Cyber-security and the Case For Really Good Train SetsBy Alex Walker
It's sometimes easy for us to forget what a brilliant idea the 'staging server' is.
Every day we get to test our work on a perfect copy of our website, where our occasional, disastrous, site-killing mistakes have almost zero real-life consequences. If there's a mistake, we roll-back, fix it, wipe our brow and the outside world never knows.
Failure is a wonderful teacher – as long as it doesn't kill you during the lesson, right?
The real-world provides us with fewer risk-free chances to test. For instance, heart surgeons get one shot at a triple bypass. Road construction crews have to rebuild the highway while it's being used. I'm sure both would jump at the opportunity to complete their work in private before deploying the finished product.
Alas, that's the stuff of sci-fi for now.
There are some exceptions where teams get to test themselves in semi real-world scenarios. Car crash safety testing is an obvious example.
CyberCity is another I'd like to tell you about.
The Tricky Problem with Cyber-terrorism
Over the past decade, Cyber-security has become an increasingly crucial concern for governments all around the world – and with good reason.
Today almost all of our critical civil infrastructure – water, power, transport, health – is intricately wired into our electronic networks. And unfortunately, that network is vulnerable to easy, low-risk and potentially devastating attacks in literally thousands of different places.
So while you're busily locking down your train system, they could be targeting your power station. While you're securing the airports, they could be tampering with your water supply.
It’s like trying to keep ants out of a football stadium. Where do you begin defending something with so much surface area?
Apparently the answer is in a room in New Jersey.
The Rise of CyberCity
For the past five years, Ed Skoudis and his team at SANS Institute have been running an entire metropolis, complete with its own power-grid, airport, traffic management, water supply, hospitals, schools, and retail. There's even a dog sleeping on a veranda.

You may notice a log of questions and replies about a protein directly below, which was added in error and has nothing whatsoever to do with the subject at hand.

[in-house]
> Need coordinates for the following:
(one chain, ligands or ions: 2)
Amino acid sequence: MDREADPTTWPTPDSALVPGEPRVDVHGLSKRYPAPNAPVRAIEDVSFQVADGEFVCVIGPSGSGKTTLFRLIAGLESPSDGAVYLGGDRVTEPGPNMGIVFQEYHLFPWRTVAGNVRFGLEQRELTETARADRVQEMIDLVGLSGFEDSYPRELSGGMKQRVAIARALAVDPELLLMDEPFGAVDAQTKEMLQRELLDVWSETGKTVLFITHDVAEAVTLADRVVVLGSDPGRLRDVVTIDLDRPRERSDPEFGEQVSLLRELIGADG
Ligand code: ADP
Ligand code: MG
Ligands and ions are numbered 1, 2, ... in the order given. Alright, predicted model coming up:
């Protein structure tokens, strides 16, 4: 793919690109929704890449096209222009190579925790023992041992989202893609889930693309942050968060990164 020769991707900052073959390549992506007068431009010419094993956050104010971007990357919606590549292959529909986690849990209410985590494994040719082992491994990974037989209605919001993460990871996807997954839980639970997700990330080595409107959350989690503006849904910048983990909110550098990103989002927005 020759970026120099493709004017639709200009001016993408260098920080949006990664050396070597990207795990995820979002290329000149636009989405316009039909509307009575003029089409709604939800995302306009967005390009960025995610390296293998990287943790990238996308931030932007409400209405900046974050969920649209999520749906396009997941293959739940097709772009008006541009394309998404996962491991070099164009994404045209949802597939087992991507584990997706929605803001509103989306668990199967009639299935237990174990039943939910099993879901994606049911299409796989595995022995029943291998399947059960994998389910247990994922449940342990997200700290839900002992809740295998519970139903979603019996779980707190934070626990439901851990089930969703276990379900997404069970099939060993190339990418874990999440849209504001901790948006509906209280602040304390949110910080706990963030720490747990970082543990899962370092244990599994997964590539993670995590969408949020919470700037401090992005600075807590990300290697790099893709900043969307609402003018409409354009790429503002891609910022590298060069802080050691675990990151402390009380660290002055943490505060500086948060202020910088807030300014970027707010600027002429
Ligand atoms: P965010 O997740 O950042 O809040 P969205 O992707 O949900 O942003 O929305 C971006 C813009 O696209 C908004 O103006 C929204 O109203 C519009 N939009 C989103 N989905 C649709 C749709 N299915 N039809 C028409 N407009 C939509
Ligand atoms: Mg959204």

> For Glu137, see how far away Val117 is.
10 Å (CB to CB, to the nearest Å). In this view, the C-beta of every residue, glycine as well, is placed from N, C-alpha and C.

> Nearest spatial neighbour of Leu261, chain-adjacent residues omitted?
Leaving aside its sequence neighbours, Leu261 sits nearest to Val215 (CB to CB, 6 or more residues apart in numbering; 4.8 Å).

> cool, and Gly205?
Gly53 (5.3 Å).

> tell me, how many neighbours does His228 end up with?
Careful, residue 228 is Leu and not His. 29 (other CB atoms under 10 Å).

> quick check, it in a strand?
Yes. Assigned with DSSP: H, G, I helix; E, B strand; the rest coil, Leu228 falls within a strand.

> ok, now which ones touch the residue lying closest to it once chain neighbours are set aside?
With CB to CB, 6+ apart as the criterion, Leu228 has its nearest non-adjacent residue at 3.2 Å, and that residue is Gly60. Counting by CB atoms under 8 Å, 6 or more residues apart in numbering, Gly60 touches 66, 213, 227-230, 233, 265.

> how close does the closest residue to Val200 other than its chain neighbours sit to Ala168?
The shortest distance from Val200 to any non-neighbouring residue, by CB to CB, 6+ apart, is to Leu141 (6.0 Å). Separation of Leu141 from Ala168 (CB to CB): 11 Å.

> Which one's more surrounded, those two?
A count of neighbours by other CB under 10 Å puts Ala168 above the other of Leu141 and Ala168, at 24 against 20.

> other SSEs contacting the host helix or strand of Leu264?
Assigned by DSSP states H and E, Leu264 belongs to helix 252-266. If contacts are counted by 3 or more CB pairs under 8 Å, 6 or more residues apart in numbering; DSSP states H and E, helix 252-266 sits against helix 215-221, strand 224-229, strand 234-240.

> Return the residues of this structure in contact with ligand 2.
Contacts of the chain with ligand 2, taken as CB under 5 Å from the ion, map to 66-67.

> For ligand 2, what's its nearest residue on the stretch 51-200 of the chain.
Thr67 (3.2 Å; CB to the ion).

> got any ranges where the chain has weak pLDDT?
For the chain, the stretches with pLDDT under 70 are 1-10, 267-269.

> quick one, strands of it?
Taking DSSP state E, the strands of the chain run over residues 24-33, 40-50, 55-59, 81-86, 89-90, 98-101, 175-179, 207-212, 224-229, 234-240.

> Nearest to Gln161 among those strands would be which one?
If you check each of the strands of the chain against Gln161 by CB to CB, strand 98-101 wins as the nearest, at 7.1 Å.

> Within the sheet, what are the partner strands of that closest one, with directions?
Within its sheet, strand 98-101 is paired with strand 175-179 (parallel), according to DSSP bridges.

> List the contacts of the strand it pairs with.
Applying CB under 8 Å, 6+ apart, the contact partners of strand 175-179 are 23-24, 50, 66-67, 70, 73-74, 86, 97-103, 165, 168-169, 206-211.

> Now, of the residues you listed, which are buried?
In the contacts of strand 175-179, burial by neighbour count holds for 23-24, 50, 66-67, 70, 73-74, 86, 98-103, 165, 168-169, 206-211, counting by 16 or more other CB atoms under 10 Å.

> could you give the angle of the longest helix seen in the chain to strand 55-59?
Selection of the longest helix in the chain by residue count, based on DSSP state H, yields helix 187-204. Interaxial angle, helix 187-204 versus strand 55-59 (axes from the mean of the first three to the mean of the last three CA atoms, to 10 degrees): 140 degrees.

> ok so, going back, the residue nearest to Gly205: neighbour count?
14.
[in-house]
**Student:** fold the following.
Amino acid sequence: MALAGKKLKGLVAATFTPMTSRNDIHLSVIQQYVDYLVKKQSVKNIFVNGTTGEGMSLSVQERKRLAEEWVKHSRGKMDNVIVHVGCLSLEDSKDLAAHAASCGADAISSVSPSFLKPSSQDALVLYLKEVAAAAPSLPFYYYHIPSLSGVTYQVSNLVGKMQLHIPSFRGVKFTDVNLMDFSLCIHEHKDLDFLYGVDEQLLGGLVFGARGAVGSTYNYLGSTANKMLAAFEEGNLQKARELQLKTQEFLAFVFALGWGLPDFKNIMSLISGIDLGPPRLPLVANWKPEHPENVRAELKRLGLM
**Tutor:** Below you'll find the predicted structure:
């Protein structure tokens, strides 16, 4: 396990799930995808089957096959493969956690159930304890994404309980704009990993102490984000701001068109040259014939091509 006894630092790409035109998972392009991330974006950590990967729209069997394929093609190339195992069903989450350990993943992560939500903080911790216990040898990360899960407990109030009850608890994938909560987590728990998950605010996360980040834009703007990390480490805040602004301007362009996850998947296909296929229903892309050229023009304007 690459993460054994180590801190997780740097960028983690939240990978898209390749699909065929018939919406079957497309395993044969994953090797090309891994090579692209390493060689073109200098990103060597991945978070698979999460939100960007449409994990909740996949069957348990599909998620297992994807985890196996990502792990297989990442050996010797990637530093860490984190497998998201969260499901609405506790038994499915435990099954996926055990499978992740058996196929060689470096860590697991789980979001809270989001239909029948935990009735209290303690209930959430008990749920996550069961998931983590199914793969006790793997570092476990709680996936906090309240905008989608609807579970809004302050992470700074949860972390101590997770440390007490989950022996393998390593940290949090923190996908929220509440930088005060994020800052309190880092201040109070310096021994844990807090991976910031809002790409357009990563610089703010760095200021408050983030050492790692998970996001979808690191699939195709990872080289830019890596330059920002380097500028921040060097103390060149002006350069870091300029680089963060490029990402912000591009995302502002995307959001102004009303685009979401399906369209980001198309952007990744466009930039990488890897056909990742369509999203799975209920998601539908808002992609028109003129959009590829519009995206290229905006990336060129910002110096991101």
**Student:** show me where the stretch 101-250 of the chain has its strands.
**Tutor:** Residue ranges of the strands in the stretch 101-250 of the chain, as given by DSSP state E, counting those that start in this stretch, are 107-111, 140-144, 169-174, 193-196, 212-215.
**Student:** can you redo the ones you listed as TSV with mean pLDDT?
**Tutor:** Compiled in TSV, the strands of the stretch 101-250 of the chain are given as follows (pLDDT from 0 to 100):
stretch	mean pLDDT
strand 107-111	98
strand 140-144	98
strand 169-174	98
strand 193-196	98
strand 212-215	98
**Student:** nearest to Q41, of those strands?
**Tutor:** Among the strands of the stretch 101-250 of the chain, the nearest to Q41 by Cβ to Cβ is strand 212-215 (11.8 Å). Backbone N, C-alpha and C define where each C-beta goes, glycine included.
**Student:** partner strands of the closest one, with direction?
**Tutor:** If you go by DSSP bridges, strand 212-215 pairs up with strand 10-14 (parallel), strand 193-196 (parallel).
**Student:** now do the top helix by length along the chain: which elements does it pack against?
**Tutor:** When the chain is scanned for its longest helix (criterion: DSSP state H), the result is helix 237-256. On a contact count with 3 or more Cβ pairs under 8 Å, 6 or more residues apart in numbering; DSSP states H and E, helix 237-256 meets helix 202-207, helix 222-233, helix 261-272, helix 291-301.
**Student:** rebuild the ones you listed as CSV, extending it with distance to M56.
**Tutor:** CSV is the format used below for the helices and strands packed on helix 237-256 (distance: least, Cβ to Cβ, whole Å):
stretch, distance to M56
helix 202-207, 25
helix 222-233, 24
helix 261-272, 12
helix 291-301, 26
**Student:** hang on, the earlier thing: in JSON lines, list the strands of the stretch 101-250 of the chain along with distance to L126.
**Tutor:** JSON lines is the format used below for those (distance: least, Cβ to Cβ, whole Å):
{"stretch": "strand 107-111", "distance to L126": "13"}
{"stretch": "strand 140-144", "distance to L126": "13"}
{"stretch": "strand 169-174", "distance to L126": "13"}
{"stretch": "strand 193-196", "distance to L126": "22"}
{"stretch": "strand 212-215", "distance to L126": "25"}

They dubbed it 'CyberCity' and it's possibly the most accurate physical replica of a real, living city ever produced – albeit scaled down to occupy a 48-square area.
Ed Skoudis is a counter-hacker and trainer with a background in creating digital infosec simulations, but CyberCity has unleashed his ideas into physical space.
Each item in the city is 1:87 scale but this is no toy. The tiny traffic signals are controlled by real-world traffic management software, and the model trains are coordinated by authentic rail coordination software. Each relay and sensor feeds their data into the kinds of software systems you’ll find quietly running our world.
Computers in the tiny hospital record patients checking in and out while commuters tweet from the subway. Each inhabitant of the city has a unique name, address, and social security number. No detail is spared.
And every day, as the sun rises, the attackers come in. Their first task is to gain access to webcams positioned around the room. They then set about their mission to bring CyberCity to its knees by any means necessary.
They might sniff the Wi-Fi at a cafe for passwords, overload the power grid, DDOS the air traffic control, or compromise the water filtration systems.
As with real cyber terrorism, these attacks can come from anywhere in the world at any time. Attackers can see the physical evidence of their successes in real-time.
More from this author
Of course, the idea behind CyberCity is to develop their understanding of where attacks might take place and how best to defend against them – before the real attacks occur.
Ed and his team have spent hundreds of hours on tiny details in the city, and not just because it's fun. Both attackers and defenders need to have 'high stakes' and the higher they value CyberCity, the greater the lengths they'll go to to either take or defend it.
You could say that SANS has effectively built the world's first 'anti-cyber-terrorism staging server'. Make your mistakes, learn your lessons, and no one gets hurt.
But what's arguably even more impressive?
Ed figured out a way to build a kick-ass train-set and get the military to pick up the tab.
P.S. Eric Molinsky toured CyberCity last year and recorded his journey in his wonderful podcast 'Imaginary Worlds'. If you liked this story, I recommend you give it a listen.
Originally published in the SitePoint Design Newsletter.